“When Paul declared that God had become incarnate in Jesus of Nazareth and that this Jesus had been crucified and raised from the dead, he lost his audience.  The Greeks could handle even the most bizarre speculation about divine beings as long as it was understood that all God-talk was the product of human imagination, the speculation of those who cannot really know the realm of the divine.  But it was Christian certainty, the conviction that in Jesus God had crossed the line to become one with humankind, that simply could not tolerated.  From their perspective, this was blatant nonsense. 

The particularity of the Gospel has always been a stumbling block to people for whom dualism is a cardinal assumption.  Treat Jesus as a great moral teacher, like Gandhi, and Christianity wins universal acclaim.  If Jesus is presented as one of the world’s sources of wisdom, like Confucius, then he can be happily welcomed inside multiculturalism’s big tent.  Offer Christianity as the product of a particular culture, and it will enjoy widespread respect.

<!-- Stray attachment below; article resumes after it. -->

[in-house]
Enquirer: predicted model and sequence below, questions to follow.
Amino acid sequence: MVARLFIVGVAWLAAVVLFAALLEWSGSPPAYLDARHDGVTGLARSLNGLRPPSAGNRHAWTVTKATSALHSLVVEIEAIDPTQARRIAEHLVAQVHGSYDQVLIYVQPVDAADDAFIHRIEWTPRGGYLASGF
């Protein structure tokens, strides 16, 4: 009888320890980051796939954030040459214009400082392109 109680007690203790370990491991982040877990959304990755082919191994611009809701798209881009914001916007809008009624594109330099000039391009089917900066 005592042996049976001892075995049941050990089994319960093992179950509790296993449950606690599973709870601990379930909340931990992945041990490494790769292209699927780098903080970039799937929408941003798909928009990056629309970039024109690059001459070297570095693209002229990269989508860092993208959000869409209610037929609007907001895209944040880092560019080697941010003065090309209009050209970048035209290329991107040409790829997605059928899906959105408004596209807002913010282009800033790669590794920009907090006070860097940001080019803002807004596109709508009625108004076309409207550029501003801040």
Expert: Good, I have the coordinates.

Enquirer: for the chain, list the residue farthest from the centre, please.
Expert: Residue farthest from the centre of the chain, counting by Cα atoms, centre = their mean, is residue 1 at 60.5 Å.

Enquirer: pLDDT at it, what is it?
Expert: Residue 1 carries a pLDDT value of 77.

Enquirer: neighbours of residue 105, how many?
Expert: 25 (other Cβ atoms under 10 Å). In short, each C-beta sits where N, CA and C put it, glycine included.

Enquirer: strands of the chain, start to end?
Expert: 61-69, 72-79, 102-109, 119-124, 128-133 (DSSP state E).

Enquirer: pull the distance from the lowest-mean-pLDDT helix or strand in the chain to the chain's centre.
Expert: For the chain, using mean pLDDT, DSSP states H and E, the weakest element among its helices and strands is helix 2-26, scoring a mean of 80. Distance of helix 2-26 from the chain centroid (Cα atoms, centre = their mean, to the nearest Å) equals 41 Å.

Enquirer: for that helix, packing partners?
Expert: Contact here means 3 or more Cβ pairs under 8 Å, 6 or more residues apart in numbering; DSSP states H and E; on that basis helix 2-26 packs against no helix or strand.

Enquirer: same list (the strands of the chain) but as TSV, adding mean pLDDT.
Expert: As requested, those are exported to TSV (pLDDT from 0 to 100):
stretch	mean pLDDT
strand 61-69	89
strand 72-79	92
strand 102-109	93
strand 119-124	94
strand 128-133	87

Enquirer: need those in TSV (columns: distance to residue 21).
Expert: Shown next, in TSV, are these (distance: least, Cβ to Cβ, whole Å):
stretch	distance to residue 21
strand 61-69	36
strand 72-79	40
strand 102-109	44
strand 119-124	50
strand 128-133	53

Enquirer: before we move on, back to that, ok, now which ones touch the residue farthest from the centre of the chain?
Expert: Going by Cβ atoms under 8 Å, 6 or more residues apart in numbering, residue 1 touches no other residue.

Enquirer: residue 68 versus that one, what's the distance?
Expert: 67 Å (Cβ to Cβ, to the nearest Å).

Keep Christianity philosophical, teach it as a philosophy of life or the product of a particluar religious culture, and it gains instant acceptability as an honored part of the modern pantheon.  But affirm the incarnation as fact rather than theory, as a event rather than a story, and watch the bonds of tolerance break.  It is this particularity that Paul called “the scandal of the Gospel,’ and that ‘stumbling block’ is no more tolerated in our day than in his.” 

~Parker T. Williamson from Standing Firm: Reclaiming Christian Faith in Times of Controversy  p.41